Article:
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Rogers Communications reported quarterly results on Wednesday morning.

Tijana Martin/The Canadian Press

Rogers Communications Inc.’s stock had its worst day in more than six years on Wednesday, after the company’s strategic shift to unlimited data plans led to a sharp drop in lucrative overage charges.

The results emphasized the pressures facing the entire telecom sector, including intense competition on fees, the shift to unlimited data pricing and the potential for government intervention in cutting cellphone bills.

Other Canadian telecom providers BCE Inc., Telus Corp. and Shaw Communications Inc., all of which have introduced unlimited data plans, each saw their stocks drop by more than 4 per cent in reaction to Rogers’ disappointing results.

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The financial impact of Rogers’ unlimited data wireless plans was much higher than anticipated, with more than one million Canadians signing up under the new pricing model – three times what Rogers expected by this point.

As a result, its third-quarter financial results were hit with a $50-million reduction in overage fees, causing the quarter’s profits to miss analysts forecasts, and forcing Rogers to reduce its full-year revenue and earnings guidance.

The company’s stock fell by 8.1 per cent as a result, closing at $61 a share.

Rogers chief executive Joe Natale cautioned investors to expect more volatility in the quarters ahead, as part of a necessary transition away from relying on data overages as a revenue driver.

“This dynamic was both unsustainable and limiting to our future,” Mr. Natale said in a conference call with analysts. “Canadians had become increasingly afraid to use data given the evolution of overage rates in our industry.”

Unlimited data is quickly becoming the industry norm, after all three national carriers introduced plans eliminating overage fees in June.

With Canadians paying a total of $1.2-billion in 2017 for exceeding their data caps, hefty overage fees have long been maligned by consumer advocates and policy makers for contributing to the relatively high cost of mobile phone service in Canada.

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In the latest federal election campaign, the Liberals vowed to reduce wireless bills by 25 per cent, while the NDP said it would cap cellphone prices at the global average.

It’s not clear how either campaign promise would be fulfilled, while the industry says that prices are coming down without intervention, largely by virtue of unlimited data plans.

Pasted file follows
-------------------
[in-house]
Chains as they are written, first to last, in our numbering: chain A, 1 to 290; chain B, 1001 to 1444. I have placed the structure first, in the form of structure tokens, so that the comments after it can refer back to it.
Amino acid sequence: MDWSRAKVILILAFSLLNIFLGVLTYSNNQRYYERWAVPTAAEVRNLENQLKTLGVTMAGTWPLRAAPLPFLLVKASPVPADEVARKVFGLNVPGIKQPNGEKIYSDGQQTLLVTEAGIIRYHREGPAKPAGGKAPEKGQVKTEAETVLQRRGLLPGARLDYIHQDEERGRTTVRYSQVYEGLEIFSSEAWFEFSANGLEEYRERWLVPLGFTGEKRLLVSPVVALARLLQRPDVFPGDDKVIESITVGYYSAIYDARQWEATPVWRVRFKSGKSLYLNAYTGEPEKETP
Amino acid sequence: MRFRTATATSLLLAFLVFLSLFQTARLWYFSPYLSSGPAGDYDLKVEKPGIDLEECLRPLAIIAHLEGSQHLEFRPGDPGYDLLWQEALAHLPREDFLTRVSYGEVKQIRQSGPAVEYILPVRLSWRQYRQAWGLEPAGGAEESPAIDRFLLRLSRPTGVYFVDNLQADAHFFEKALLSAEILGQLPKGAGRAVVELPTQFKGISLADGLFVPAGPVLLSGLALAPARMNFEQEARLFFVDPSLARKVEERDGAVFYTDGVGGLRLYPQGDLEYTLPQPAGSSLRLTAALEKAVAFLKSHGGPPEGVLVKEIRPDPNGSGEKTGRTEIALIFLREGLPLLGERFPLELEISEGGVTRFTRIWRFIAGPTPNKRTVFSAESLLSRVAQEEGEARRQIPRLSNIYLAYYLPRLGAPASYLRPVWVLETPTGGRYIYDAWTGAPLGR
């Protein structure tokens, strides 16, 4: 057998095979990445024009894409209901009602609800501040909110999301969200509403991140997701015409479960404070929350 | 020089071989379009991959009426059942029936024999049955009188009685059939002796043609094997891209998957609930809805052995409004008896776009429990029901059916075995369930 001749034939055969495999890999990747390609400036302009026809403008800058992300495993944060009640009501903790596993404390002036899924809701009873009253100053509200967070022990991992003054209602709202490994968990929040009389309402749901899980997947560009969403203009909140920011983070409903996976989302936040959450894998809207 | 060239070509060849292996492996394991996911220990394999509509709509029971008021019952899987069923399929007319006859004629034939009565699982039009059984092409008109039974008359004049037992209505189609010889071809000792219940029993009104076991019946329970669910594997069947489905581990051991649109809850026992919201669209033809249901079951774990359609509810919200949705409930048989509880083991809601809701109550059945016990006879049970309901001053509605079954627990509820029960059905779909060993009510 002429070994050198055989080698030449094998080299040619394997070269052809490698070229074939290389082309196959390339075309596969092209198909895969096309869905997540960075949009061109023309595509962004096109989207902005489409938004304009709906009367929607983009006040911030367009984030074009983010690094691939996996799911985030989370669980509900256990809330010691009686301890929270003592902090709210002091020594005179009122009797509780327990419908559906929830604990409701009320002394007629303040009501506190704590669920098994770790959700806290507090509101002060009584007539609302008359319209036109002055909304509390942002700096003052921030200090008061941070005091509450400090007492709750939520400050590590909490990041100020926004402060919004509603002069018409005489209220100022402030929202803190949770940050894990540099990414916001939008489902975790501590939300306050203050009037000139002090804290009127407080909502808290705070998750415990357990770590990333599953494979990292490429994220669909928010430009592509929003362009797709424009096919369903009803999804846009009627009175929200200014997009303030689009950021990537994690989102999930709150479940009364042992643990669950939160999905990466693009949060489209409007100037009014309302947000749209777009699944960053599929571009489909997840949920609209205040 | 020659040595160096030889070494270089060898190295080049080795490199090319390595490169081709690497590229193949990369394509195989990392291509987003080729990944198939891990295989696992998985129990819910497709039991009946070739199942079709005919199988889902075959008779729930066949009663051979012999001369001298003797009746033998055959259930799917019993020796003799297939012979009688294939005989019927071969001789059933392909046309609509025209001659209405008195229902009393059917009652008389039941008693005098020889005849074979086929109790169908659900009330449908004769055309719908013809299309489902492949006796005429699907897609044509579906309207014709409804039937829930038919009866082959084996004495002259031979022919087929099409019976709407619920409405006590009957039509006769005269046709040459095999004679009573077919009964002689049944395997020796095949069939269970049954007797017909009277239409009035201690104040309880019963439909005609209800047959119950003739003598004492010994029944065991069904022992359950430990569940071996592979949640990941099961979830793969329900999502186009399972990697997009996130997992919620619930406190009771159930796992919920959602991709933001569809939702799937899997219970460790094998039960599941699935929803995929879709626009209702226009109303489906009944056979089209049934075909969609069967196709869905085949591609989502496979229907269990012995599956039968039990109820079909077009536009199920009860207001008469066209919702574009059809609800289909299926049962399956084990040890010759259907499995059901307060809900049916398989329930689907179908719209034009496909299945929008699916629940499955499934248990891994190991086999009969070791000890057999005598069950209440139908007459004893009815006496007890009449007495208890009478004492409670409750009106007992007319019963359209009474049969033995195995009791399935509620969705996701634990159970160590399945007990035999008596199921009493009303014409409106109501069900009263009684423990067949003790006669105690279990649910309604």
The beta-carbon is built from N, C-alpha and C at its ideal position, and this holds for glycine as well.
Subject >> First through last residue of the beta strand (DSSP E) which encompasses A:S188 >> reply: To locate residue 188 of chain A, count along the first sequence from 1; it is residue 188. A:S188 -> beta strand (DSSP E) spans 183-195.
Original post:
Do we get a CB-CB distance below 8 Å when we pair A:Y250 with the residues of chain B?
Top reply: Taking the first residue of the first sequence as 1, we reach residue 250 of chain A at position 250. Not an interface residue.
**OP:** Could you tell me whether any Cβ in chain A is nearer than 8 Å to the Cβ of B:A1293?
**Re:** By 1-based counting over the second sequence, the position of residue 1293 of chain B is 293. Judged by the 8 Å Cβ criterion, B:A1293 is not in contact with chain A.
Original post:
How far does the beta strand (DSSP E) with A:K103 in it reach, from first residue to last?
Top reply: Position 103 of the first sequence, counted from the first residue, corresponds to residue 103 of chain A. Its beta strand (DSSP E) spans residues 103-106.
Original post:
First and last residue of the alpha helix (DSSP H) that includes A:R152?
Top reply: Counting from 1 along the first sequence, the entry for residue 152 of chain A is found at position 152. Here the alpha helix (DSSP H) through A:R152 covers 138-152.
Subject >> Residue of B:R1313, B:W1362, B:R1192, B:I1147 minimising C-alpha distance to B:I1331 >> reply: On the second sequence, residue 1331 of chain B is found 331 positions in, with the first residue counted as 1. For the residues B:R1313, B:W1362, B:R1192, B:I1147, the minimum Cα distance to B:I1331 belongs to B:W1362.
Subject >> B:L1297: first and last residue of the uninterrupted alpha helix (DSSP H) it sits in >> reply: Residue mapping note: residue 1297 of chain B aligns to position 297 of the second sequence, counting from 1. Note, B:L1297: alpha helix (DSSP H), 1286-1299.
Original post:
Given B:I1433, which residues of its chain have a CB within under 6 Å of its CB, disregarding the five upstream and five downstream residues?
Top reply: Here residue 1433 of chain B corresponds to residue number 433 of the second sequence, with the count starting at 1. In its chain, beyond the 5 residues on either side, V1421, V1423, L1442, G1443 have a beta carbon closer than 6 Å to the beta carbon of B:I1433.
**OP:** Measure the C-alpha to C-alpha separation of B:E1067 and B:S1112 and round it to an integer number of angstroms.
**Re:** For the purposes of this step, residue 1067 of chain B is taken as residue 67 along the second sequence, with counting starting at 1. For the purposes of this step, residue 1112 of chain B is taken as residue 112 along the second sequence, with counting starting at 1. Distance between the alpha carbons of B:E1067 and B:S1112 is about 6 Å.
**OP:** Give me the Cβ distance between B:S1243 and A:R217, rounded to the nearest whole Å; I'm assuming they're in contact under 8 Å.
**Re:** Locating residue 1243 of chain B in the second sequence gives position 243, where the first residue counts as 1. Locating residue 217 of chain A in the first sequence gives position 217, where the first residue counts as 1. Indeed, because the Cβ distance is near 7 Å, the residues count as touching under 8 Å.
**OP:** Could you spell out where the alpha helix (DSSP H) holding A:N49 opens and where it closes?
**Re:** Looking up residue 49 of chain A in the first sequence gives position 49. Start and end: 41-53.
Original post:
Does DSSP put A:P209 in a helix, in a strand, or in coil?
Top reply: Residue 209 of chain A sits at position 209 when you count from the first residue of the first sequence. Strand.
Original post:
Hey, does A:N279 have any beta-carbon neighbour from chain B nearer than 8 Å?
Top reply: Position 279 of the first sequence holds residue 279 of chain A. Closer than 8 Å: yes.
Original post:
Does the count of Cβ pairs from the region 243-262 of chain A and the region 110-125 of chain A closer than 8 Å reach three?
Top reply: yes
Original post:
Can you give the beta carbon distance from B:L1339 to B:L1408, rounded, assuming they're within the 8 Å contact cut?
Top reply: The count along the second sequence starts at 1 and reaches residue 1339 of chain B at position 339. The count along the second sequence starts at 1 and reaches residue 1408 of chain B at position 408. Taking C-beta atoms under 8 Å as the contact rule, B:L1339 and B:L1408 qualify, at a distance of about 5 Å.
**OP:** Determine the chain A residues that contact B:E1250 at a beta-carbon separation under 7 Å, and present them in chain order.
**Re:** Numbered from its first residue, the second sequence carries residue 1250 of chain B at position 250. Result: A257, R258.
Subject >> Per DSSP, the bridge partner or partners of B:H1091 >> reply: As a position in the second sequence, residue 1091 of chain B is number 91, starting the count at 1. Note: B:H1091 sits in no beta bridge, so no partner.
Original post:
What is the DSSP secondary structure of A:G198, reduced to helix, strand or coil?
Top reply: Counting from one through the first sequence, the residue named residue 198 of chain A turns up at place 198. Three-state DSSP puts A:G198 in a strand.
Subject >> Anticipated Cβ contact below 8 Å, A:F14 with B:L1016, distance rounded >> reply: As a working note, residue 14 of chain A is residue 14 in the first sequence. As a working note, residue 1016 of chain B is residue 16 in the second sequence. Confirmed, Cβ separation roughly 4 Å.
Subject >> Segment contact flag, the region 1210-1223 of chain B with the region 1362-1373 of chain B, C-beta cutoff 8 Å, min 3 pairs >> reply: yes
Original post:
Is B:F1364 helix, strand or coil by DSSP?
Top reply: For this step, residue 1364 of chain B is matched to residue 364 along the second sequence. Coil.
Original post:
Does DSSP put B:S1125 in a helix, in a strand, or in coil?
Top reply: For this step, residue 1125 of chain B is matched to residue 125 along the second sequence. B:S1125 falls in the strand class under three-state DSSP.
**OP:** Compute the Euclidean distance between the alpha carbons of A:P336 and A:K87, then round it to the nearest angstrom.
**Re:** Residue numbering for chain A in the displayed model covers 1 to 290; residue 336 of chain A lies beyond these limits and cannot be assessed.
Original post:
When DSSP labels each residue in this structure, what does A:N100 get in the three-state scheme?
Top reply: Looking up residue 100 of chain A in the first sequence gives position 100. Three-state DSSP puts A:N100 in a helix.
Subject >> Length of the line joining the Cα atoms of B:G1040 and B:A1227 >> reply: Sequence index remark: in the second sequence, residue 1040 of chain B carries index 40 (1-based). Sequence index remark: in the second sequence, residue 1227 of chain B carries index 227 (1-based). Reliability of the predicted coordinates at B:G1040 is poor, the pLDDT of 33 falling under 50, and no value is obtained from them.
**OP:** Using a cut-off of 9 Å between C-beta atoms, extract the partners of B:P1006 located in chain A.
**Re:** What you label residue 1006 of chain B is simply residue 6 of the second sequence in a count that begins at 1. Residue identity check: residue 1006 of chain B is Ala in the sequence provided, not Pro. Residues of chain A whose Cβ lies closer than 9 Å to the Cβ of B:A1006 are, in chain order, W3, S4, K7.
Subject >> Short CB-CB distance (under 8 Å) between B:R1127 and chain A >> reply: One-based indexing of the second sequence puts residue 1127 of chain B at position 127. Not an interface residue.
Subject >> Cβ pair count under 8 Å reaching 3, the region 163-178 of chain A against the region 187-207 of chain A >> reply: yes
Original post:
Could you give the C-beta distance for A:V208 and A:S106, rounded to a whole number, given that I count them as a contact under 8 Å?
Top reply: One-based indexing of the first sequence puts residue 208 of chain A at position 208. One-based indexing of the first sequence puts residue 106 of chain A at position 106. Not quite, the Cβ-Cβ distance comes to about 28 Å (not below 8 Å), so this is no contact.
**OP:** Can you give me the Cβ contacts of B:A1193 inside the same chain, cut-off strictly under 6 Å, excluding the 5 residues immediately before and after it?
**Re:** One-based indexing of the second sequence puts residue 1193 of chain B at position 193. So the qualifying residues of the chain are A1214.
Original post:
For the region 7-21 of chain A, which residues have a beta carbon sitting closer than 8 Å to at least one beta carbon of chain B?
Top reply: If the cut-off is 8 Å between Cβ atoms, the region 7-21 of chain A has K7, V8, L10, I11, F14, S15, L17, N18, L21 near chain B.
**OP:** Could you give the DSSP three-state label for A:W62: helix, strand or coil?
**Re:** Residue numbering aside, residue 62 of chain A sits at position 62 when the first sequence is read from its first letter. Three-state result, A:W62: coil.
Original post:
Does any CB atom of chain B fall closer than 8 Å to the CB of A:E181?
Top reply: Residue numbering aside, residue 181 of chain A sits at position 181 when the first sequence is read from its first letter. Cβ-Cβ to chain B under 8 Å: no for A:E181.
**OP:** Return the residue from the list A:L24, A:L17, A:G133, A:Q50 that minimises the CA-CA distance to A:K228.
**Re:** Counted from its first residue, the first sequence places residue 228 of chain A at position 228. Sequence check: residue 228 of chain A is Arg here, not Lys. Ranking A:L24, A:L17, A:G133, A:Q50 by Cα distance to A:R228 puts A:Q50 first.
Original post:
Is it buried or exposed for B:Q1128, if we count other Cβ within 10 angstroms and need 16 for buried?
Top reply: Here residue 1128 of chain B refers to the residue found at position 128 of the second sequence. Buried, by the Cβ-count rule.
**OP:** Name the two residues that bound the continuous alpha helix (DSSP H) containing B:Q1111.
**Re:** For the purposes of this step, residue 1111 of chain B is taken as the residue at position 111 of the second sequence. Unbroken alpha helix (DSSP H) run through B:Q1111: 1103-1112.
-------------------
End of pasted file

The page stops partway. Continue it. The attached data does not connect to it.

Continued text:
“We’re … very much aligned on the topic of affordability,” Mr. Natale said. He pointed out that overage fees represent about 5 per cent of Rogers’ wireless service revenue, which is down by half over the past couple of years. By this time next year, overages are expected to have just a 1-per-cent share of the top line.

That kind of swift decline to an important piece of Rogers’ business, however, is proving a significant strain on financial performance.

The biggest impact in the third quarter was on revenue from wireless services, which declined by 1.6 per cent over the same quarter last year – “a rare result for a wireless incumbent,” Aravinda Galappatthige, an analyst at Canaccord Genuity, said in a note.

And since the industry’s transition seems to be unfolding far quicker than anticipated, Rogers was forced to reduce its forecast for 2019 sales growth to between a decline of 1 per cent and a gain of 1 per cent, a substantial cut from the previous target range of a gain of 3 per cent to 5 per cent.

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“Wireless results are likely to get worse before they get better, and consensus expectations have to be reset,” Scotia Capital telecom analyst Jeff Fan wrote.

But there is a turning point in sight, Mr. Natale said, once the dwindling of overage revenue has been absorbed over the next four or five quarters.

About 60 per cent of customers migrating to unlimited data have actually upgraded from cheaper plans. And they are using an average of 50 per cent more data without the threat of overage charges.

And while charging for excess data usage may be waning, the company offers higher priced plans for faster speeds.

Additionally, the industry’s new pricing paradigm gives Rogers the chance to “collect a simplicity dividend,” Mr. Natale said.

“If you make things clear, simple and fair, customers will call less, have fewer billing disputes, they will spend less time when they do call, and will be more satisfied overall.”

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